Likely 25% of your members have type 2 diabetes, and many of them are struggling with social drivers that contribute to poorer health and increased hospital readmissions and trips to the emergency department. Healthy food can be expensive, and in some areas, hard to find. Many communities don’t have walkable areas or public transportation. Individuals who are living paycheck-to-paycheck can’t afford the extra expenses associated with visiting a specialist. But how significantly are SDoH barriers actually affecting your diabetic members?
The National Committee of Quality Assurance (NCQA), state Medicaid agencies, and the Centers for Medicare & Medicaid Services (CMS) have emphasized the importance of addressing social health barriers as a means to reduce health disparities among vulnerable populations (most notably, the Social Need Screening and Intervention (SNS-E) and 42 CFR 422.101(f)(1)(i)). Because of this growing interest in health equity, much research is being done to determine just how significantly SDoH barriers are affecting our healthcare system and health outcomes. Recently, Humana partnered with San Diego State University’s School of Public Health for a cross-sectional analysis of over 21,000 Medicare Advantage beneficiaries with the diagnosis of type 2 diabetes. Researchers hope that findings from the study “may be used to direct interventions to the social needs most associated with T2D health outcomes and inform policy decisions at the insurance plan and community level.” Researchers found a high prevalence of social health needs among Medicare Advantage beneficiaries with type 2 diabetes. There was also a high correlation between the presence of health-related social needs (HRSNs), lower quality care, and higher healthcare utilization.
Study results showed that over half of the beneficiaries with T2D (56.9%) reported at least one HRSN, higher than the 49.3% prevalence of the broader, non-disease-specific Medicare Advantage population. The most prevalent HRSNs documented were financial strain, food insecurity, and poor housing quality for both Medicare beneficiaries with type 2 diabetes and beneficiaries that were non-disease specific. Among those barriers reported, food insecurity was linked to the highest acute care utilization, including avoidable hospitalization, all-cause hospitalization, and emergency department visits. In addition, loneliness, lack of transportation, utility insecurity, and housing insecurity were all associated with lower medication adherence.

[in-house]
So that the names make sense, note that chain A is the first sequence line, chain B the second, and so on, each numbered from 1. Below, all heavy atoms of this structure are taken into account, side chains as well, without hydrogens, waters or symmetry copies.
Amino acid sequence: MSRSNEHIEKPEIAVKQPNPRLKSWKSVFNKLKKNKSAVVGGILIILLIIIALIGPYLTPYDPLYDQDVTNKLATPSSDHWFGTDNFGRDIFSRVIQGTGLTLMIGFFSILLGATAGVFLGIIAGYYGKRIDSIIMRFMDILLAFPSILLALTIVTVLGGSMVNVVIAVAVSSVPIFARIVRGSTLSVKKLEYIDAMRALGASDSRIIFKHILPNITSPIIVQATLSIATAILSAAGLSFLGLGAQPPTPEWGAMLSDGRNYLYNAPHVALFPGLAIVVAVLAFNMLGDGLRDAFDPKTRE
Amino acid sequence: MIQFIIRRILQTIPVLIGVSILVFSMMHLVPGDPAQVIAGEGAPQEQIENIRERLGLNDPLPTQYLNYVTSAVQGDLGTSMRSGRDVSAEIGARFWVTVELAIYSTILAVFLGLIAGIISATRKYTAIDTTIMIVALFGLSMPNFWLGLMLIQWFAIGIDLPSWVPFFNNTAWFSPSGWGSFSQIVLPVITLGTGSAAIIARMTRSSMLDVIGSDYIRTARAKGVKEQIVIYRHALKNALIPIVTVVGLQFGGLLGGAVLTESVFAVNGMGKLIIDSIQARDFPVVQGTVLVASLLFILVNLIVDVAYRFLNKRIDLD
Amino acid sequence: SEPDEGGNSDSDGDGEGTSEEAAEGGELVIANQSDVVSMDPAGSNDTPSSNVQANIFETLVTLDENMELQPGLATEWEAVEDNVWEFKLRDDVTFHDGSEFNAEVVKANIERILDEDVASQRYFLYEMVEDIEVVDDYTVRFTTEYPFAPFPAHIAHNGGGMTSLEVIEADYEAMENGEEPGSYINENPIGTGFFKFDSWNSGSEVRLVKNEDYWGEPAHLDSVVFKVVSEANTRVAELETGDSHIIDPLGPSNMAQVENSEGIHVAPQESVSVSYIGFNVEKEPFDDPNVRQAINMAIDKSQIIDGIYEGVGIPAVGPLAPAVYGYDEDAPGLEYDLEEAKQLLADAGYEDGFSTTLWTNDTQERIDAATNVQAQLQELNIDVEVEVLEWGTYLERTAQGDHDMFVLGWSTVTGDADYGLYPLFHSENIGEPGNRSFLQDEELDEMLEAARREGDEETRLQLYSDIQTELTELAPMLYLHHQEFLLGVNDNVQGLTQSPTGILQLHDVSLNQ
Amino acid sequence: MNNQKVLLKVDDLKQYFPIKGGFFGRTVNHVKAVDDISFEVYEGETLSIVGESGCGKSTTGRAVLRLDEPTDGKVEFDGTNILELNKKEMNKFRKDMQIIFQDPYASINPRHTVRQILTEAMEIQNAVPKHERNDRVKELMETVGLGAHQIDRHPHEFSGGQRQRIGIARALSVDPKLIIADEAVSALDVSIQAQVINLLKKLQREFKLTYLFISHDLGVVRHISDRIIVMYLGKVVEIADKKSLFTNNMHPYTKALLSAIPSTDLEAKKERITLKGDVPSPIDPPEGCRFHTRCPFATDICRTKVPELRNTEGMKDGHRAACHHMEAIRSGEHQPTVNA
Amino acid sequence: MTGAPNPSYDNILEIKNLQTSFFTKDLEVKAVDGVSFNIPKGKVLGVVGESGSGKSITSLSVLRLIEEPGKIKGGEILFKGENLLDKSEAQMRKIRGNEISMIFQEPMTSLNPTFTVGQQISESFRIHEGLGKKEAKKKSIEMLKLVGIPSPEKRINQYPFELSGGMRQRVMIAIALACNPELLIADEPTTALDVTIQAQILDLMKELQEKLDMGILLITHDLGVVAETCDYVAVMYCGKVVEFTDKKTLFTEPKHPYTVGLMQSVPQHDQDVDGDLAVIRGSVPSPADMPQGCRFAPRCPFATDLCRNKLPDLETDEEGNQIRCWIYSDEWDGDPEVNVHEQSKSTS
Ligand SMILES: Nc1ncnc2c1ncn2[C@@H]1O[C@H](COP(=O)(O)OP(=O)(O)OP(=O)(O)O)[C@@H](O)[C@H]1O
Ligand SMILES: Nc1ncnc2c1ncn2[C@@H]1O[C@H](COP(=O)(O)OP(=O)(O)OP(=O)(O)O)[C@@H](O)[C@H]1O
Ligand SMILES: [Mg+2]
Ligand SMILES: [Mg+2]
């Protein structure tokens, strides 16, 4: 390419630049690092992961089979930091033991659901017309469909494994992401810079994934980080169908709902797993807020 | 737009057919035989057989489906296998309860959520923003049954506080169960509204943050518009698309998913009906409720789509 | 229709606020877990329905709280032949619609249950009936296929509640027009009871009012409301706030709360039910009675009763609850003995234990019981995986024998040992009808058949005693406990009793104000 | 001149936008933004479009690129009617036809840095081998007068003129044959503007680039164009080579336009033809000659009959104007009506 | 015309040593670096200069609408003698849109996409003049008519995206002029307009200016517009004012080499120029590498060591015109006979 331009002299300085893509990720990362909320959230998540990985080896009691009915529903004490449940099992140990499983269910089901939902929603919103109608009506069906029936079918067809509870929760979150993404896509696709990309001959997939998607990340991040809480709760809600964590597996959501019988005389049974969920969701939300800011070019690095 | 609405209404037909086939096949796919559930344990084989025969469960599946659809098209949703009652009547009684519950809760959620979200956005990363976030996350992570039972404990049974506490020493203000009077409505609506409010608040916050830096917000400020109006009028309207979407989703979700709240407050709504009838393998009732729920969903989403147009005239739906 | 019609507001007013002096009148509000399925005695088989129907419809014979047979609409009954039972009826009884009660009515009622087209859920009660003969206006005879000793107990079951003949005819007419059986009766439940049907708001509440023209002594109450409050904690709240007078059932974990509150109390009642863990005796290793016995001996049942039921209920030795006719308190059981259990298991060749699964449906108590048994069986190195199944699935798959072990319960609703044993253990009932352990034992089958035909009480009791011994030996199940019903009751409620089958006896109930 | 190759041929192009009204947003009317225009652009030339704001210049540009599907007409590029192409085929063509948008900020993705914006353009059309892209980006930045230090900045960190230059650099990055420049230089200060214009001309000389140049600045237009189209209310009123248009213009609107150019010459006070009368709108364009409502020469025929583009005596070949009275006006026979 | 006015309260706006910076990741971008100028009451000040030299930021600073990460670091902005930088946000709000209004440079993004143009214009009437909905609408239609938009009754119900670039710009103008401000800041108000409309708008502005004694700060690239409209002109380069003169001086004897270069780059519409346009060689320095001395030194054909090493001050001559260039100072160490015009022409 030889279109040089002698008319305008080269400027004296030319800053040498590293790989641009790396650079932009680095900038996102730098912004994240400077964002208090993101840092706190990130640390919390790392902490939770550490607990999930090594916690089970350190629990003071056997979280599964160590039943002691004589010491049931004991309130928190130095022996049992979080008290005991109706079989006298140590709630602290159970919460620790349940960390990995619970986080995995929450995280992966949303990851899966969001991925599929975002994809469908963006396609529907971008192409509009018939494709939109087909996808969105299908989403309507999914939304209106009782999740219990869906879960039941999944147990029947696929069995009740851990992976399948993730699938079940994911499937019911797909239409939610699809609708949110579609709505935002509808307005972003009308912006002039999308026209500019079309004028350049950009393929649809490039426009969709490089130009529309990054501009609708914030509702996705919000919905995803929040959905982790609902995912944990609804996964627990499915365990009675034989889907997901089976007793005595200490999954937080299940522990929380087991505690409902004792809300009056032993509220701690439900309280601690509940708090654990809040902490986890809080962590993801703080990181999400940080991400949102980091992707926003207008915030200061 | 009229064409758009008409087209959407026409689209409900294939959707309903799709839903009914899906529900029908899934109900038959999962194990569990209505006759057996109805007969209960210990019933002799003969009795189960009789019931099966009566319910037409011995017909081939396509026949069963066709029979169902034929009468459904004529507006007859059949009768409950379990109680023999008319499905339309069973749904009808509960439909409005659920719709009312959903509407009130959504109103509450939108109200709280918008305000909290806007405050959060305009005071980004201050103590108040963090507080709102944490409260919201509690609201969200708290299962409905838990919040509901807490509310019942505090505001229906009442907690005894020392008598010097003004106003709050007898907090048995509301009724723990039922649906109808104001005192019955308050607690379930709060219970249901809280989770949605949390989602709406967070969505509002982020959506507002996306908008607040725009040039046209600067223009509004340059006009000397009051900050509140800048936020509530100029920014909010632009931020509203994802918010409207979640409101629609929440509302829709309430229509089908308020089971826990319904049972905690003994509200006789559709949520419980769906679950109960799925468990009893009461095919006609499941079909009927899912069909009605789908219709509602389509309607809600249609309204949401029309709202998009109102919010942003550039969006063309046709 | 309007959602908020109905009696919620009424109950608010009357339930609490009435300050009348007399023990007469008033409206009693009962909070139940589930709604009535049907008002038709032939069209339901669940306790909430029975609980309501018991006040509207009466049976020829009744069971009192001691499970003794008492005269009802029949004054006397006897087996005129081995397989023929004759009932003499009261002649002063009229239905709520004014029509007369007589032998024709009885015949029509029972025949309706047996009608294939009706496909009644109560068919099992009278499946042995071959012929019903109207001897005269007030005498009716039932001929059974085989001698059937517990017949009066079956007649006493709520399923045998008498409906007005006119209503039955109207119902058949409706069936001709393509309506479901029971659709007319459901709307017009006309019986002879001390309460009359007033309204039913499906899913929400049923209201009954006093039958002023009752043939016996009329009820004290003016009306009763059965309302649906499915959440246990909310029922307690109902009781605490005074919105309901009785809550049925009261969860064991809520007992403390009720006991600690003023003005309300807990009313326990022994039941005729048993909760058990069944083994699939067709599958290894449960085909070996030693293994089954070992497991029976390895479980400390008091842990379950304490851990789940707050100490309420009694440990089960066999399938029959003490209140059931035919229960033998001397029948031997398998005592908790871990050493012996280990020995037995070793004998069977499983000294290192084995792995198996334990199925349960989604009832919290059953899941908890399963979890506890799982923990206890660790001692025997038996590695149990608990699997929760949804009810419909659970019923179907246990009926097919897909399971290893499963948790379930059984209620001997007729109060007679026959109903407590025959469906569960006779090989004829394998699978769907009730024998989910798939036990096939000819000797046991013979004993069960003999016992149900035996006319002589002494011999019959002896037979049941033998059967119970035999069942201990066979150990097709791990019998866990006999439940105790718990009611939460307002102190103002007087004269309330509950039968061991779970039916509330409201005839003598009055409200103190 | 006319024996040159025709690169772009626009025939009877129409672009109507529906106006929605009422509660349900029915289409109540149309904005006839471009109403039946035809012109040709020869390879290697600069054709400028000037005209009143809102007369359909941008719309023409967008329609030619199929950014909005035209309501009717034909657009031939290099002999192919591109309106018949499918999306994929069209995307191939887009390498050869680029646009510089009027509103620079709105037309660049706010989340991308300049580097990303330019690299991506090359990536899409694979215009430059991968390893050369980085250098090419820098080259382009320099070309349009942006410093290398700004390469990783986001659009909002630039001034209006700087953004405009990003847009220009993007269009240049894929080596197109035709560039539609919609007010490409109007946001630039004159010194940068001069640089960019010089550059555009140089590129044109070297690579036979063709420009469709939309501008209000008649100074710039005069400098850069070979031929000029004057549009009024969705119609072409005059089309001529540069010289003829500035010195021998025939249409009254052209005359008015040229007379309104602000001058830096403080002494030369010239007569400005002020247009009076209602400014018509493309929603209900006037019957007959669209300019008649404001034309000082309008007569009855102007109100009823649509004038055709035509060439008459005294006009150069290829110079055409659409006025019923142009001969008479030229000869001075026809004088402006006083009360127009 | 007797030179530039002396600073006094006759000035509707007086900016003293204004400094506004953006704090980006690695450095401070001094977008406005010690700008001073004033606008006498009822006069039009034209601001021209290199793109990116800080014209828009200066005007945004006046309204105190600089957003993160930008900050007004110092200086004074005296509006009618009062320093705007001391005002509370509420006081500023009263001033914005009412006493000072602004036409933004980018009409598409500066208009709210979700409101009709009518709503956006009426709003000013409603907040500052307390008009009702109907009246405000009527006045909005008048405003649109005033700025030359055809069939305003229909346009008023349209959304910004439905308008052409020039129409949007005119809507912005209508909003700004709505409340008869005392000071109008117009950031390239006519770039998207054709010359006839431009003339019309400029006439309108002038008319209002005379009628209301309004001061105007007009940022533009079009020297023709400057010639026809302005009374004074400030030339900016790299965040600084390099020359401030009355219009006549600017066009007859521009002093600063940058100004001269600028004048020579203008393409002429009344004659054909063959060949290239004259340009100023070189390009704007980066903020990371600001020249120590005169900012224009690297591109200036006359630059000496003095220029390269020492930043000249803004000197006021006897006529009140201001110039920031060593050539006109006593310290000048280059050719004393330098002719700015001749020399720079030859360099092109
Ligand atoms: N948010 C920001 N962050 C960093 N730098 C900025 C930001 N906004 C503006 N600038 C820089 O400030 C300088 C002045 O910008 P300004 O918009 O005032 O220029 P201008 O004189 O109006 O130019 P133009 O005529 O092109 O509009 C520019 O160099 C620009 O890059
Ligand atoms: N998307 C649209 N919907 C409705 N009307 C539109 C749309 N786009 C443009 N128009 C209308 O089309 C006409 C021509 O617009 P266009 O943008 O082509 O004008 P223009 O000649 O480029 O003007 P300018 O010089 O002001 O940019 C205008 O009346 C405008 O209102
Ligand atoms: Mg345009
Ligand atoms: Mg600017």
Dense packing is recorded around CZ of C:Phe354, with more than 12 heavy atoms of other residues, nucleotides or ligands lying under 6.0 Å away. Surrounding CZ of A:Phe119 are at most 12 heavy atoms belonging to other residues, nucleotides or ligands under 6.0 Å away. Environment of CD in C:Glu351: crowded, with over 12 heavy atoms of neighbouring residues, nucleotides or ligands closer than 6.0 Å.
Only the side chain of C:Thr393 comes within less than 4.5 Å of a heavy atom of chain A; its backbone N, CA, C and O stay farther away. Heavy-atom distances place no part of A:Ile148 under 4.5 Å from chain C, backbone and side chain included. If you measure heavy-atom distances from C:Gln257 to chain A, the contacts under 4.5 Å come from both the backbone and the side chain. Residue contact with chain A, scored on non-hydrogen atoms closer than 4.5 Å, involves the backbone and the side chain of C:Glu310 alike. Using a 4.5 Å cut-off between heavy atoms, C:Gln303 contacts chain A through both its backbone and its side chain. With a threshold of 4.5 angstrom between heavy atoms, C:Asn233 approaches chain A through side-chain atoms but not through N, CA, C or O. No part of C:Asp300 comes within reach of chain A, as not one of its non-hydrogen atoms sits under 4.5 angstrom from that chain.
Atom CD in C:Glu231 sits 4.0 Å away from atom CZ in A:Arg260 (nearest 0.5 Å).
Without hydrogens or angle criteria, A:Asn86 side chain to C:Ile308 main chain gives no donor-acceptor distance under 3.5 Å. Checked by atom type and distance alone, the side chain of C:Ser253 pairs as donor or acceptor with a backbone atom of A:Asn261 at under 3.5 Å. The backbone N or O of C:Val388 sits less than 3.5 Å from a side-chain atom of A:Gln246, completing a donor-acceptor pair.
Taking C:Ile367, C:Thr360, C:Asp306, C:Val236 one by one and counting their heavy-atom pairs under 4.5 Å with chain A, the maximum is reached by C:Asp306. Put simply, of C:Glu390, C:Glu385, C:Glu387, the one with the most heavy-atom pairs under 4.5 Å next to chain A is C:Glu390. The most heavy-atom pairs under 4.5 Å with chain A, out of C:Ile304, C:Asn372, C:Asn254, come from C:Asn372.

Many factors can negatively impact a member’s ability to manage their T2D, including poor diet, the inability to access/afford adequate medical care, the inability to exercise, and the lack of social support. BeneLynk works hard to combat social health barriers associated with T2D and other chronic diseases. We are experts at getting members enrolled in SNAP and finding them access to other local food programs like food pantries and food delivery services. Our Community Lynk and Community Lynk+ solutions have proven instrumental to thousands of members seeking help with social health challenges. We can also screen members to see if they could be eligible for Medicaid. Dual eligibility can save members a significant amount of money per month by providing payment of their Medicare Part B premium. Money that can later be used to pay for medications, transportation, food, and other necessities.
As research brings to light just how significant SDoH barriers affect care quality, acute healthcare utilization, and health outcomes, it’s clear to see that addressing these barriers positively impacts all involved (providers, plans, and, of course, plan members). If you would like to learn more about Community Lynk+, Dual Lynk, or any of our other solutions, you can reach out to firstname.lastname@example.org.
BeneLynk is a national social care vendor for managed care companies. BeneLynk engages members to understand social determinants of health (SDoH) challenges and to provide professional advocacy to access benefits. BeneLynk removes the barriers to allow members to live their healthiest lives.
 Ryan JL, Franklin SM, Canterberry M, et al. Association of Health-Related Social Needs With Quality and Utilization Outcomes in a Medicare Advantage Population With Diabetes. JAMA Netw Open. 2023;6(4):e239316. doi:10.1001/jamanetworkopen.2023.9316